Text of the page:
Red light cameras in Dayton: 3 quick things to know


Dayton is planning to start using traffic cameras for enforcement again.

Here are three quick things to know as the city’s amps up the program put on hold in 2015 after Ohio lawmakers placed tough restrictions on using the cameras.

The Ohio Supreme Court knocked down some of those restrictions last month.

»RELATED: Dayton to start using red light cameras again

When does Dayton plan to turn on the traffic surveillance cameras again?

The city has worked for months to restart its traffic camera program, even before the Supreme Court ruling, arguing that traffic crashes and fatalities shot up on local roadways after the cameras were turned off. No date has been set yet to resume.

»RELATED: Courts: Cities can turn red light cameras back on

How many cameras will Dayton use and where will they be?

The city has said it would install 10 fixed cameras at five locations, and officers also would use six hand-held devices and two portable trailer units at strategic locations.

How will motorists know when the cameras are on and off?

Dayton plans are for the cameras to be operational 24 hours a day, seven days a week. The cameras will be automated with no dedicated police personnel, a move allowed because of the Supreme Court ruling.

Source: City of Dayton



Reader Comments ...


Next Up in Local

Dayton fast food workers threatened with knife
Dayton fast food workers threatened with knife

Police here are investigating after a man with a knife threatened Burger King workers.  The incident happened at the Burger King, 1401 N. Keowee Street, around 8:50 p.m. Saturday.  Dayton police are investigating the aggravated menacing complaint after workers said a man in the drive-through window was waving a knife and yelling about chicken...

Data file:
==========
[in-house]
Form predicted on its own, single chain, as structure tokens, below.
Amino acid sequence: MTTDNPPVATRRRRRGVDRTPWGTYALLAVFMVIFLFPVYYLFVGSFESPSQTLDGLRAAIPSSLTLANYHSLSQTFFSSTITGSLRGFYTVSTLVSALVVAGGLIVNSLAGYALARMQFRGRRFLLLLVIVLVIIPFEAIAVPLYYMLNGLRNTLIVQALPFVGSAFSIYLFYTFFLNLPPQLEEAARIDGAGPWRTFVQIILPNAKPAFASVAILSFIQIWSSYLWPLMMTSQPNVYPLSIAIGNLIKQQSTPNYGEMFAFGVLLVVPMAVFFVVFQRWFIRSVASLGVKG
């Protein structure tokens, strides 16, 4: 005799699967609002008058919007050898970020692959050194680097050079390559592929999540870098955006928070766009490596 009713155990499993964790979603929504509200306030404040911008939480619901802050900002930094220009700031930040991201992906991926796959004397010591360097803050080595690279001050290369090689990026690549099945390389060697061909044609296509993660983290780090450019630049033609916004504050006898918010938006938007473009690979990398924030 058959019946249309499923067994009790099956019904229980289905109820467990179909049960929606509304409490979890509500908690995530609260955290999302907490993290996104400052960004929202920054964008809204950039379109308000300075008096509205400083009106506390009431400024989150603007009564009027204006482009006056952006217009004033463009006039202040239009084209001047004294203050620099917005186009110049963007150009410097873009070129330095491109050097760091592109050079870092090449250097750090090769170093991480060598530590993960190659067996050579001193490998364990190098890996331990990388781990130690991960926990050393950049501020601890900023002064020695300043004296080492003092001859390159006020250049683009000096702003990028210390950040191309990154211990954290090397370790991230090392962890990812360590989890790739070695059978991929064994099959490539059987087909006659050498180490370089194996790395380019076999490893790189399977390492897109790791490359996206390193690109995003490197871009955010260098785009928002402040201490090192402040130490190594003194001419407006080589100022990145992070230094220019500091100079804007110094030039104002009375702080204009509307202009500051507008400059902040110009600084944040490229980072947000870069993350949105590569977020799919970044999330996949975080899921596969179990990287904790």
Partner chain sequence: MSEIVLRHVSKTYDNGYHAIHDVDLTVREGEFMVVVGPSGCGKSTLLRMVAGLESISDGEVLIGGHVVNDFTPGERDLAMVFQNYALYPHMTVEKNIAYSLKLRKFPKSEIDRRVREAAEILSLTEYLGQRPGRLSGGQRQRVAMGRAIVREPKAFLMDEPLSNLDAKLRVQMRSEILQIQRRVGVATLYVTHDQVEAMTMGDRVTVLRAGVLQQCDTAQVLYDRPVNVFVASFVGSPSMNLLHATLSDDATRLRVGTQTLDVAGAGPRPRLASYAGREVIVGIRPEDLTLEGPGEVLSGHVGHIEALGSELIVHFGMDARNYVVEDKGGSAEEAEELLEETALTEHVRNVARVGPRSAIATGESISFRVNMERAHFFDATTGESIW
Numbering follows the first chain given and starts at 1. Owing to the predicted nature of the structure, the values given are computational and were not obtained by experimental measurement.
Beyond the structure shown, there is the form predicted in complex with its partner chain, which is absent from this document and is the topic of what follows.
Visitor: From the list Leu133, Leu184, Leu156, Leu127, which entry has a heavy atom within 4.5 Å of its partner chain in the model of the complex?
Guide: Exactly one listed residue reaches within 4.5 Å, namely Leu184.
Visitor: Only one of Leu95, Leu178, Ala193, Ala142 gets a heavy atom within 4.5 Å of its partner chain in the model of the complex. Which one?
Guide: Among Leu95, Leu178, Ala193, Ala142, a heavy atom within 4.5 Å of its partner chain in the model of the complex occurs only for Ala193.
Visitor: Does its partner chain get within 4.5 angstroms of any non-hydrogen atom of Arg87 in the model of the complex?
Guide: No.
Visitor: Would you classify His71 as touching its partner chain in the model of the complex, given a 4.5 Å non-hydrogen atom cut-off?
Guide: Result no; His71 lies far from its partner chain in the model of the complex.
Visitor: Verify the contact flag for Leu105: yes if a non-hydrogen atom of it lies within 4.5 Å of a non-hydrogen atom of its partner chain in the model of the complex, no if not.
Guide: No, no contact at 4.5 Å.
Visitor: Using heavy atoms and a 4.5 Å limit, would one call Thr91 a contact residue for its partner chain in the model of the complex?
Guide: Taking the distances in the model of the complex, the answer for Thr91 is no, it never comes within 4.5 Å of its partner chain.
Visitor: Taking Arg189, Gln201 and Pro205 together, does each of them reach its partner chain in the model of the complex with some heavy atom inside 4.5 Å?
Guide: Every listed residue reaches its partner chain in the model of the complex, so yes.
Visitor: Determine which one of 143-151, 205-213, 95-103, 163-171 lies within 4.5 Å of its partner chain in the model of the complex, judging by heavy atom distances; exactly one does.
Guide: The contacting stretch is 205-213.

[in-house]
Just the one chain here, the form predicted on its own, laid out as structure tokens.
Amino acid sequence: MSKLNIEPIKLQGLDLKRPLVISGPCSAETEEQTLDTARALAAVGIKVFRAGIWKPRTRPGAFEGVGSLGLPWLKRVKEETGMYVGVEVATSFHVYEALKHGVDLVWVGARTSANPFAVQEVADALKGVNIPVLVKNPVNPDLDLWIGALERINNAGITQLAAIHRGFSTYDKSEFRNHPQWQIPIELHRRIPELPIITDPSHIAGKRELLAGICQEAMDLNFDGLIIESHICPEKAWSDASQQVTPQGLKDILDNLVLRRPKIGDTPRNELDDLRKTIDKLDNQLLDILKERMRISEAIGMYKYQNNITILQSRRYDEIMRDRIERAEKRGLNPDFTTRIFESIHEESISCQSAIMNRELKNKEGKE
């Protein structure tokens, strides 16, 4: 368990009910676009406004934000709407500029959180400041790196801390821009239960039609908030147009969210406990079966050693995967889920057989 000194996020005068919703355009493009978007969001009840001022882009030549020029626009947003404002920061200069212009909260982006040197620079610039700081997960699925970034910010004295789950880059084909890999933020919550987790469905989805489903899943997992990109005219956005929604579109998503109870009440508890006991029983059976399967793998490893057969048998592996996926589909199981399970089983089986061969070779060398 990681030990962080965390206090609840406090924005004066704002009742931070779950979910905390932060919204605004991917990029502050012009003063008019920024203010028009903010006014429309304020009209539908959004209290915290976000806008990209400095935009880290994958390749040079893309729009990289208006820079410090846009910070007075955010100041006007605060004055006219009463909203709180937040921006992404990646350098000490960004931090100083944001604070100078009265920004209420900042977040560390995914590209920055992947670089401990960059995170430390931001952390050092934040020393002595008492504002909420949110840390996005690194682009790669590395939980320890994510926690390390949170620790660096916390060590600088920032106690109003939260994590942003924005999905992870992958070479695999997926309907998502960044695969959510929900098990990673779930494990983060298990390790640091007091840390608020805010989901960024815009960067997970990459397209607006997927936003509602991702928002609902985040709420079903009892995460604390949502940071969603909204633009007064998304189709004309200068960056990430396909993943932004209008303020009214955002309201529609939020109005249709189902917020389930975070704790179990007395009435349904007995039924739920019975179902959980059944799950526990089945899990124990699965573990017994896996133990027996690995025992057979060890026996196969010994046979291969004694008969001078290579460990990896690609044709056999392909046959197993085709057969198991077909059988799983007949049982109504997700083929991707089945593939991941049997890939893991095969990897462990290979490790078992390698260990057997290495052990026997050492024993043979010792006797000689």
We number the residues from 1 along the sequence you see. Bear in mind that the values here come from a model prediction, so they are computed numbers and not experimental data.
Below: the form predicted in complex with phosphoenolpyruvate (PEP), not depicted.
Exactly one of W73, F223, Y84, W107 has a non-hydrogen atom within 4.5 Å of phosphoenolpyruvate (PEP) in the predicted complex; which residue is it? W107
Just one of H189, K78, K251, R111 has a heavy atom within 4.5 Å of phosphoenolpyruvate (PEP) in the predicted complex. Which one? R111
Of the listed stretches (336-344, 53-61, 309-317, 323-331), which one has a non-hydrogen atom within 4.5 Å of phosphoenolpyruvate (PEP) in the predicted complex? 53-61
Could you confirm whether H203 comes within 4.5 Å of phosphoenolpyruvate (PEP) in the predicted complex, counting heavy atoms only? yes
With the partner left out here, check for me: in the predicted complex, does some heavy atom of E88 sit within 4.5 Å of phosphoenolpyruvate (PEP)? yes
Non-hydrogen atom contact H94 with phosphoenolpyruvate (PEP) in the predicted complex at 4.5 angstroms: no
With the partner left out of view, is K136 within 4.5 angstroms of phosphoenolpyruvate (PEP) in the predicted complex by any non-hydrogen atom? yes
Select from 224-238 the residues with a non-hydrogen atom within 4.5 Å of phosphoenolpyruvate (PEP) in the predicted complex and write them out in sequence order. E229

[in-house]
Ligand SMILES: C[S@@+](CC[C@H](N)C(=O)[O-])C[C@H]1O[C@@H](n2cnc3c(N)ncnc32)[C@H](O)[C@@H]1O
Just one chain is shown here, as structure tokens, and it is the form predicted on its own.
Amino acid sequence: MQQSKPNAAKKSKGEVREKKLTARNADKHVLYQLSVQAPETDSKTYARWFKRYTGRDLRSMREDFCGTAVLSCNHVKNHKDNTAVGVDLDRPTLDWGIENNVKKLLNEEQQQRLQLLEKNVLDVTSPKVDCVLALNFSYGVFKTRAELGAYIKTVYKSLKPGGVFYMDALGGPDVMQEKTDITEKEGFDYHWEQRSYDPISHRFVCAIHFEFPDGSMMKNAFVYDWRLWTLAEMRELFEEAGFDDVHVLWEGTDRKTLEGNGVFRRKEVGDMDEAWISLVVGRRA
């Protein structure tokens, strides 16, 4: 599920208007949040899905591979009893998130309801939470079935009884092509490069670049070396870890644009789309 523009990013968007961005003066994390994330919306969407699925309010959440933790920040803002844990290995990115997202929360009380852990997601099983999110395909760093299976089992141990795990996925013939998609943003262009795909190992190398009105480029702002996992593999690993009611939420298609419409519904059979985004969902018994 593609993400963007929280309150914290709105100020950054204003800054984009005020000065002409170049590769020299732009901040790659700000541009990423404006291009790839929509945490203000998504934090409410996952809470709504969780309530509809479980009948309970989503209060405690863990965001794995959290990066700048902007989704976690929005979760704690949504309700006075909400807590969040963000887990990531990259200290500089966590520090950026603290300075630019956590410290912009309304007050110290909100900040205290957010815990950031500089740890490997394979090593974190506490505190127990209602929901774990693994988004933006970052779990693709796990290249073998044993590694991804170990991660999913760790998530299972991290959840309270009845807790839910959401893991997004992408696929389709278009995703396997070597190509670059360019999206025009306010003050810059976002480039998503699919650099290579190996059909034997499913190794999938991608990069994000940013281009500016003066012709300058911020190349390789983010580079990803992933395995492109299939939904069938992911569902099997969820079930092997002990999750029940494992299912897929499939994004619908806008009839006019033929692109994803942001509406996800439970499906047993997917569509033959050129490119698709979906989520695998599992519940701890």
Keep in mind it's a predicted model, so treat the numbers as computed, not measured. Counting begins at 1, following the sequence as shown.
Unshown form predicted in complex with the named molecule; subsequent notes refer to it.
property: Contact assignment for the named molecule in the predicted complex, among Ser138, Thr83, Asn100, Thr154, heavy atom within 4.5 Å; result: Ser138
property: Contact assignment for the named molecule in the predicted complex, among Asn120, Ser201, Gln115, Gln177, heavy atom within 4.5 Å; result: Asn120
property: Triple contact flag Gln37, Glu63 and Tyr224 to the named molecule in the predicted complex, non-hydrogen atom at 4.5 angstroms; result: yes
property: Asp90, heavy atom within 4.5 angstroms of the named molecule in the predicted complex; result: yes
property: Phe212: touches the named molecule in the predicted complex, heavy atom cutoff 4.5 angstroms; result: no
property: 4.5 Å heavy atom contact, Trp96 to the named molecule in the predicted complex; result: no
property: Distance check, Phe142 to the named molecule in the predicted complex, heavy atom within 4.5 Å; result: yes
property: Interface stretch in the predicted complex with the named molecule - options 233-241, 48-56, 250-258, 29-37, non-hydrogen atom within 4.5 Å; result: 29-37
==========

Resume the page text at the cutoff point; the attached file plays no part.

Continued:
Panhandler gets 20 cents, followed by court summons from police
Panhandler gets 20 cents, followed by court summons from police

Police here issued a summons to appear in court for a panhandling offense.  The Dayton police report states a 62-year-old man stepped off a curb and into the roadway to accept 20 cents from a vehicle around 4:30 p.m. Sunday in the 600 block of South Jefferson Street near U.S. 35 East. He was issued a summons to appear for a charge of distribution...
Forum: Solutions to Ohio opioid crisis should be ‘self-sustaining, repeatable’
Forum: Solutions to Ohio opioid crisis should be ‘self-sustaining, repeatable’

Dozens of people who are personally impacted by the opioid crisis gathered Sunday in Wilmington to discuss the issue in a unique forum hosted by Your Voice Ohio.  The conversation inside the municipal building on North South Street involved medical professionals, first-responders, parents who have lost children to opioid addiction and recovering...
Fairfield City Councilwoman leads the Butler-Warren Board of Realtors
Fairfield City Councilwoman leads the Butler-Warren Board of Realtors

For the second time in her long realtor career, Debbie Pennington will lead an area Board of Realtors. Last month, Pennington was named president for the Butler-Warren Board of Realtors for 2018, a year after she was the organization’s president-elect. The two-county board was founded in January 2015 after it merged with the Middletown, Warren...
Harrison Twp. deputy struck during traffic stop
Harrison Twp. deputy struck during traffic stop

A Montgomery County sheriff’s deputy was struck by a car fleeing a traffic stop, confirms emergency dispatchers.  The deputy’s right foot was run over in the 400 block of Shoup Mill Road, during a traffic stop at SVG Motors. The vehicle is reportedly a white GMC Yukon that fled the scene in the area of Foxton Court and Needmore...
More Stories